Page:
Saturday, January 31, 2009
I was in the midst of a very large predicament. As I entered the restaurant I had two reasons to be afraid. The first one was that I was judging in a soup contest that was hosted by the New Shul, and I was not even close to competent compared with the other guest judges. Marco A. Moreira owns the much-respected Franco-Japanese restaurants Tocqueville and 15 East. Akhtar Nawab is the owner of Elettaria and has worked at Craft and Gramercy Tavern. And last, but certainly not least, Stephen Lyle is the chef and owner of Village restaurant, which hosted the event. There is a second thing I was afraid of: who I would choose as my winner. Many of my friends’ parents were entering, as was my mother. I had a conflict of interest.
However, I overcame my difficulties and began to judge. Here are the soups that were good, just not among the elite.
- The Minestrone soup was an interesting take on a contemporary favorite.
- The Steelers Broccoli and Cheese paid full homage to the Super Bowl qualifying team.
- Everything but the Kitchen Sink was a quaint soup with a strange name.
- Sanchocho de Gallina tasted like it had just arrived from a South American country.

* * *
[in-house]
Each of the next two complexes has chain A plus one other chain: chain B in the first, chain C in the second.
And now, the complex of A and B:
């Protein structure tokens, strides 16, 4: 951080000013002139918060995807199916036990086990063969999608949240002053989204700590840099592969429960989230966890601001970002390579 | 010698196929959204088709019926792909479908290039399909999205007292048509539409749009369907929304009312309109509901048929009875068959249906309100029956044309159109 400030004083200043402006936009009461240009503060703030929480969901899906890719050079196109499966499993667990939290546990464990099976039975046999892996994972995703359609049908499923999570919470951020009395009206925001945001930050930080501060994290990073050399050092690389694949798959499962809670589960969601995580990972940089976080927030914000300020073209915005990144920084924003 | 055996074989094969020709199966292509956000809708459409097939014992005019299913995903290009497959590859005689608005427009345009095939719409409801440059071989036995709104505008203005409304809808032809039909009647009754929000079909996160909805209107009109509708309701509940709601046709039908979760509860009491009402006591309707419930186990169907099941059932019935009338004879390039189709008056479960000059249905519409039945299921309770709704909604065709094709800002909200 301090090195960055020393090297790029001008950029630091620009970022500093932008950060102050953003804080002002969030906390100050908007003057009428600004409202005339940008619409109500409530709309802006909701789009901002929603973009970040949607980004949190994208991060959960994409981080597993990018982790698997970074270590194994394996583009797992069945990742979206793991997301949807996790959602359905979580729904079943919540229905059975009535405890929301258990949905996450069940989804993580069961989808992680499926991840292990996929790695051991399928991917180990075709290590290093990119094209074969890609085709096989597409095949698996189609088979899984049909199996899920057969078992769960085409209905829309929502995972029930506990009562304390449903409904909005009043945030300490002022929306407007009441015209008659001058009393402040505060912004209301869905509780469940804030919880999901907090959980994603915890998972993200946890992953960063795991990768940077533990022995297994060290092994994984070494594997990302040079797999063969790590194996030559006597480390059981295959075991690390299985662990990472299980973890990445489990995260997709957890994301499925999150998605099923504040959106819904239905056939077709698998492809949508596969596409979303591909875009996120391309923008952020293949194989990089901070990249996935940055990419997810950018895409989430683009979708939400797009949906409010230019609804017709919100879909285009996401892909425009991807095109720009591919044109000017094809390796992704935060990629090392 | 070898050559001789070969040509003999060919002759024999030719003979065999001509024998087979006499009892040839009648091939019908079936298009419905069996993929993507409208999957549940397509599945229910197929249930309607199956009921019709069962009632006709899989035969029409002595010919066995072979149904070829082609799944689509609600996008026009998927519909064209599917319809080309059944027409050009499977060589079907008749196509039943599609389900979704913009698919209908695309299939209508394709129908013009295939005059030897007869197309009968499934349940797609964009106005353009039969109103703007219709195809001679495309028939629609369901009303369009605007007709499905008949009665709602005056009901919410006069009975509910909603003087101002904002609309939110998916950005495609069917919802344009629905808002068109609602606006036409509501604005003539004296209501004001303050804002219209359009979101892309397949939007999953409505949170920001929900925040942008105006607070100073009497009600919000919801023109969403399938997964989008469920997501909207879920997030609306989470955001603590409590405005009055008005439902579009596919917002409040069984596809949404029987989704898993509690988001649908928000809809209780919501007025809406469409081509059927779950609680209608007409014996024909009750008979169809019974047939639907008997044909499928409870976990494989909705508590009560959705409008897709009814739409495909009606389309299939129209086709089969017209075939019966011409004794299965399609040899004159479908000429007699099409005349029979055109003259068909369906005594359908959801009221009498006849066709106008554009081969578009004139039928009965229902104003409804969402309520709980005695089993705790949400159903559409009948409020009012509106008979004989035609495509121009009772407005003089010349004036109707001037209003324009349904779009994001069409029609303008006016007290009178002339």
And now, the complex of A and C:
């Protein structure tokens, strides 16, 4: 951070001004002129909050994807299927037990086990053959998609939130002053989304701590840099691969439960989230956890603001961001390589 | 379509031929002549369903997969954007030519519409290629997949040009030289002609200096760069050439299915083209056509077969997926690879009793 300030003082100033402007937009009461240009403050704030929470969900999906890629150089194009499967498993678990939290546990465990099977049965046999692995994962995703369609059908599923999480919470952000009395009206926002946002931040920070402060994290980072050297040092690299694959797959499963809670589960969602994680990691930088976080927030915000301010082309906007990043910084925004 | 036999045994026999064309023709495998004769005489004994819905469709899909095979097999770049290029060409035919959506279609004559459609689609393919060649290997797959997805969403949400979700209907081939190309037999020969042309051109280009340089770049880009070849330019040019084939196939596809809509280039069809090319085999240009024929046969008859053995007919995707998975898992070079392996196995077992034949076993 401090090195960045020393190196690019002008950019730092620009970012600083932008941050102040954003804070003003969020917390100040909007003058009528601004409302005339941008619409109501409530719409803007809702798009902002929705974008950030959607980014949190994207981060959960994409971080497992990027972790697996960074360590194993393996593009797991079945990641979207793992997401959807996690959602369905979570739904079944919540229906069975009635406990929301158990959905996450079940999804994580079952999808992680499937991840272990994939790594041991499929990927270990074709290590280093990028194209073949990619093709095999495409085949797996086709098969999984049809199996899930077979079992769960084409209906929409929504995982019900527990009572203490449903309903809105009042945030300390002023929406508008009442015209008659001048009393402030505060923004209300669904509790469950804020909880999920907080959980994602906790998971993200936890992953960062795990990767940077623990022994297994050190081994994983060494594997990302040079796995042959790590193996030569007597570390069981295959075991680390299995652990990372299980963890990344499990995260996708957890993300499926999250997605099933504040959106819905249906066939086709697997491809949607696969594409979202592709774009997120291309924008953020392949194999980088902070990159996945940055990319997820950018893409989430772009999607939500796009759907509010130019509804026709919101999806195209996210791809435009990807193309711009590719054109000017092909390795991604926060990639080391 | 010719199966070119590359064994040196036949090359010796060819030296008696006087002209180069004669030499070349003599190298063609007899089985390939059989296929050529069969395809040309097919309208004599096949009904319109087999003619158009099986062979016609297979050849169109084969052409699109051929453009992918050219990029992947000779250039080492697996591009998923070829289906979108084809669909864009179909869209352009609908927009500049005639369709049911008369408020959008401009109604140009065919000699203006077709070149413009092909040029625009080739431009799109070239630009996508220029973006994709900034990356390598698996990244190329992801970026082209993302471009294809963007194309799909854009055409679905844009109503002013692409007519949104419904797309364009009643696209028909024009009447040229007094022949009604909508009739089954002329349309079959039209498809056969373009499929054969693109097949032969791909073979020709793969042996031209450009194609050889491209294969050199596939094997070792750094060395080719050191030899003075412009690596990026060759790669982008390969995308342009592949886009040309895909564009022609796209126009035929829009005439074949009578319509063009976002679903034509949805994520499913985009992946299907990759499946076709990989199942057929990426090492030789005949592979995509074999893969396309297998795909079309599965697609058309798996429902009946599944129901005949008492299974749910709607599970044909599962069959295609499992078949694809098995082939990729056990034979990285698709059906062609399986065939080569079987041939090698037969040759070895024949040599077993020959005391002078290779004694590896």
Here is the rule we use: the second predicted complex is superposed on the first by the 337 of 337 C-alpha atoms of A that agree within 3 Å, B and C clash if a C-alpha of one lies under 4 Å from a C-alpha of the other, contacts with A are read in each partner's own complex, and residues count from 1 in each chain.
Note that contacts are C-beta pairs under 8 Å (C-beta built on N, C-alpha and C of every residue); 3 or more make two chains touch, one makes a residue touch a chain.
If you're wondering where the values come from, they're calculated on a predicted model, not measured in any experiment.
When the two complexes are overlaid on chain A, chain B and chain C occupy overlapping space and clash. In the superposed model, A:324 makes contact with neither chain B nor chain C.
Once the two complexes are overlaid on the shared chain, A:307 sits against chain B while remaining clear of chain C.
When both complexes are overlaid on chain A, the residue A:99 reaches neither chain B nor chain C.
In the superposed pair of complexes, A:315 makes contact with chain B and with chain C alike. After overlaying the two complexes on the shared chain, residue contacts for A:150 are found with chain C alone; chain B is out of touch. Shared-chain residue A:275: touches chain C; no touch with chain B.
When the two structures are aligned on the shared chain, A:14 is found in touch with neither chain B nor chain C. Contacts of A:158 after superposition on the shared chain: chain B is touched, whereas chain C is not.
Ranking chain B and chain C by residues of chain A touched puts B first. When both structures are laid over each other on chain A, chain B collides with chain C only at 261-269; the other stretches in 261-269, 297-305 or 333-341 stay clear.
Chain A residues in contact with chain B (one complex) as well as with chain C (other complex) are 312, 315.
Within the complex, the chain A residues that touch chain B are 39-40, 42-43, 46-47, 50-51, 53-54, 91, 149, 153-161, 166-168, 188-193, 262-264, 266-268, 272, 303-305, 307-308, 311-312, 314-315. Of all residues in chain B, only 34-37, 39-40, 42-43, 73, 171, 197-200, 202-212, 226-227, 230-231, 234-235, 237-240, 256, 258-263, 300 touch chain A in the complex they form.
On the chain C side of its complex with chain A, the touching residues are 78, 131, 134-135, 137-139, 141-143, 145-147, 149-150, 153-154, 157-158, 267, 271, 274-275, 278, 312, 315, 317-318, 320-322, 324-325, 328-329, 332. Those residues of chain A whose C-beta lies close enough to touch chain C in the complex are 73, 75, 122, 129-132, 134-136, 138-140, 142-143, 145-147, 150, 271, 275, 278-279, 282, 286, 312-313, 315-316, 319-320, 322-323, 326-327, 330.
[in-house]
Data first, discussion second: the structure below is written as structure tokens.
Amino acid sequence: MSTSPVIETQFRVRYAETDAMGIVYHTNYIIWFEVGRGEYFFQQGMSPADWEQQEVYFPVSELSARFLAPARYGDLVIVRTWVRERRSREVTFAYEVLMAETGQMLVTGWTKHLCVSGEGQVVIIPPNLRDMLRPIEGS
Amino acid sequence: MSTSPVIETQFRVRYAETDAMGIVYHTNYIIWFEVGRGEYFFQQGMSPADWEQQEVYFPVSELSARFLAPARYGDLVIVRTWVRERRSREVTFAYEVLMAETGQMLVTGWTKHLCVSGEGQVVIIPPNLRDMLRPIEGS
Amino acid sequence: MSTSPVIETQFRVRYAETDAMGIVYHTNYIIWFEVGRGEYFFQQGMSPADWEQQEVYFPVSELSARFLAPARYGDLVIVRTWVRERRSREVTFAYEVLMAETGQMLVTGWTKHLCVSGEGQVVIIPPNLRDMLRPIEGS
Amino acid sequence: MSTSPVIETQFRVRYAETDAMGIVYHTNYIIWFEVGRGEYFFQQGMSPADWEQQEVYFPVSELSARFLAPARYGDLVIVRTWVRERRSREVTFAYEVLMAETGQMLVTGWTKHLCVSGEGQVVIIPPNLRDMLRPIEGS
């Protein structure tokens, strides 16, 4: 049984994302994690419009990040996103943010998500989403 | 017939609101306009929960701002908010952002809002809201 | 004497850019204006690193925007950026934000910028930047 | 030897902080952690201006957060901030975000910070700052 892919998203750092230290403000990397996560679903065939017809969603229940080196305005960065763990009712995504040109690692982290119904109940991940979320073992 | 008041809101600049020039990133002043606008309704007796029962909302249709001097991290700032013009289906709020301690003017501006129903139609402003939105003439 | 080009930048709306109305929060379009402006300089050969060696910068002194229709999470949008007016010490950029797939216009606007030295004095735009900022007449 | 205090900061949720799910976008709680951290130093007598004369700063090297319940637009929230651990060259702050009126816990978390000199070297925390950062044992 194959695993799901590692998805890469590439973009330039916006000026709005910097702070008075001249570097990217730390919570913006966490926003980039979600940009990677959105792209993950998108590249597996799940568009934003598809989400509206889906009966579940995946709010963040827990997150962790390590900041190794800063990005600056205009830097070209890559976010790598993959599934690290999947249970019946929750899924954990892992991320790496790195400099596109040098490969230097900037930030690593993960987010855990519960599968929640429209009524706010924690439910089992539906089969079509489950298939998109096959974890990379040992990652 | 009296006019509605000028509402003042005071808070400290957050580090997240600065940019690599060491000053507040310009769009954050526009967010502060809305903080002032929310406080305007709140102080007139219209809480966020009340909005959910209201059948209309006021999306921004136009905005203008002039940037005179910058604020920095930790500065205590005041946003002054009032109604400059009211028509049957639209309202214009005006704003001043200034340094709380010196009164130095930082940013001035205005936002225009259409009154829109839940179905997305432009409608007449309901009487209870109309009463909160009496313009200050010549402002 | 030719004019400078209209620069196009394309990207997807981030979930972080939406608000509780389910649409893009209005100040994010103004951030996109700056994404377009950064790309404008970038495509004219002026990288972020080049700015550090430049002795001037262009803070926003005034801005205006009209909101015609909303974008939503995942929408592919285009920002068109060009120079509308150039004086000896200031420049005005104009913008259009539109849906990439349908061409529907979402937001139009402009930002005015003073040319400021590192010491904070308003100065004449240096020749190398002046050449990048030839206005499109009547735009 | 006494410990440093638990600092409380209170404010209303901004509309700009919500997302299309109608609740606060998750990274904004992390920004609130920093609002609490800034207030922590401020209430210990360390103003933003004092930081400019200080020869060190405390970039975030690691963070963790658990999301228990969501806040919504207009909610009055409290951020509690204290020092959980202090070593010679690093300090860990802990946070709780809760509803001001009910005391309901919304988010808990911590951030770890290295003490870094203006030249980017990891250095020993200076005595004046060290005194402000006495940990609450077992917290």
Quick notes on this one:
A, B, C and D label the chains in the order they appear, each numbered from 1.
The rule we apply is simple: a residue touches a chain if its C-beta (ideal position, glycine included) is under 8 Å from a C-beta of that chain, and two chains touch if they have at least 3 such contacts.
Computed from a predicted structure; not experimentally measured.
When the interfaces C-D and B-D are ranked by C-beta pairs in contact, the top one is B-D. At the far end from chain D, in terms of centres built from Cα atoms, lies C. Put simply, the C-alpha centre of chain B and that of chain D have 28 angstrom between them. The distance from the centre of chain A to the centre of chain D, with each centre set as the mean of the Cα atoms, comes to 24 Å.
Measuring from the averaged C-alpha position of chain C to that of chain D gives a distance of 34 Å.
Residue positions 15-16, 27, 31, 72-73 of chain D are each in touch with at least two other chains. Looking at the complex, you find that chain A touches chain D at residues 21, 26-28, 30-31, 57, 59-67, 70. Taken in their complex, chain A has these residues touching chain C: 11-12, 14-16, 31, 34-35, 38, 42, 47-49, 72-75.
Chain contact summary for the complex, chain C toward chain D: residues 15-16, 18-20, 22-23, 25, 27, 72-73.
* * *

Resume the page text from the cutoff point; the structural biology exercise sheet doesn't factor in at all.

- The Chicken soup was one of the better chicken soups, even though it was a tad bit salty.
- The Matzoh Ball Soup (thanks to Joan) had a perfect Matzoh ball.
- A Jew Married an Italian was a play on a most traditional Italian soup.
- The Chicken soup with Farfaline and Pesto was under-spiced, but still flavorful.
- Just the Broth was an interesting concept that was extremely under-spiced.
- The Herkimer New York Chicken soup was one of the more Jewish soups that I tasted, which is a compliment.
- Safta's Chicken soup had a good blend of broth, noodles, Matzoh ball and carrots.
- The Bean soup nicely arranged, but it was not really a soup, because it did not have a broth.
- The Mushroom Barley soup was well executed except for the fact that the barley was overcooked.
--The Pistachio Soup was so creamy that one couldn’t possibly eat a whole bowl of it.
- The Chicken Soup with Cabbage was one of the more spicy soups, and there was a little bit too much cabbage in it.
My three favorites over all were the Butternut Squash soup, The Carrot Ginger Coconut soup, and the Jewish Penicillin.
The Jewish Penicillin was the over all winner for the chicken soup category, because of its supreme taste, and its contrast between hearty and light flavors.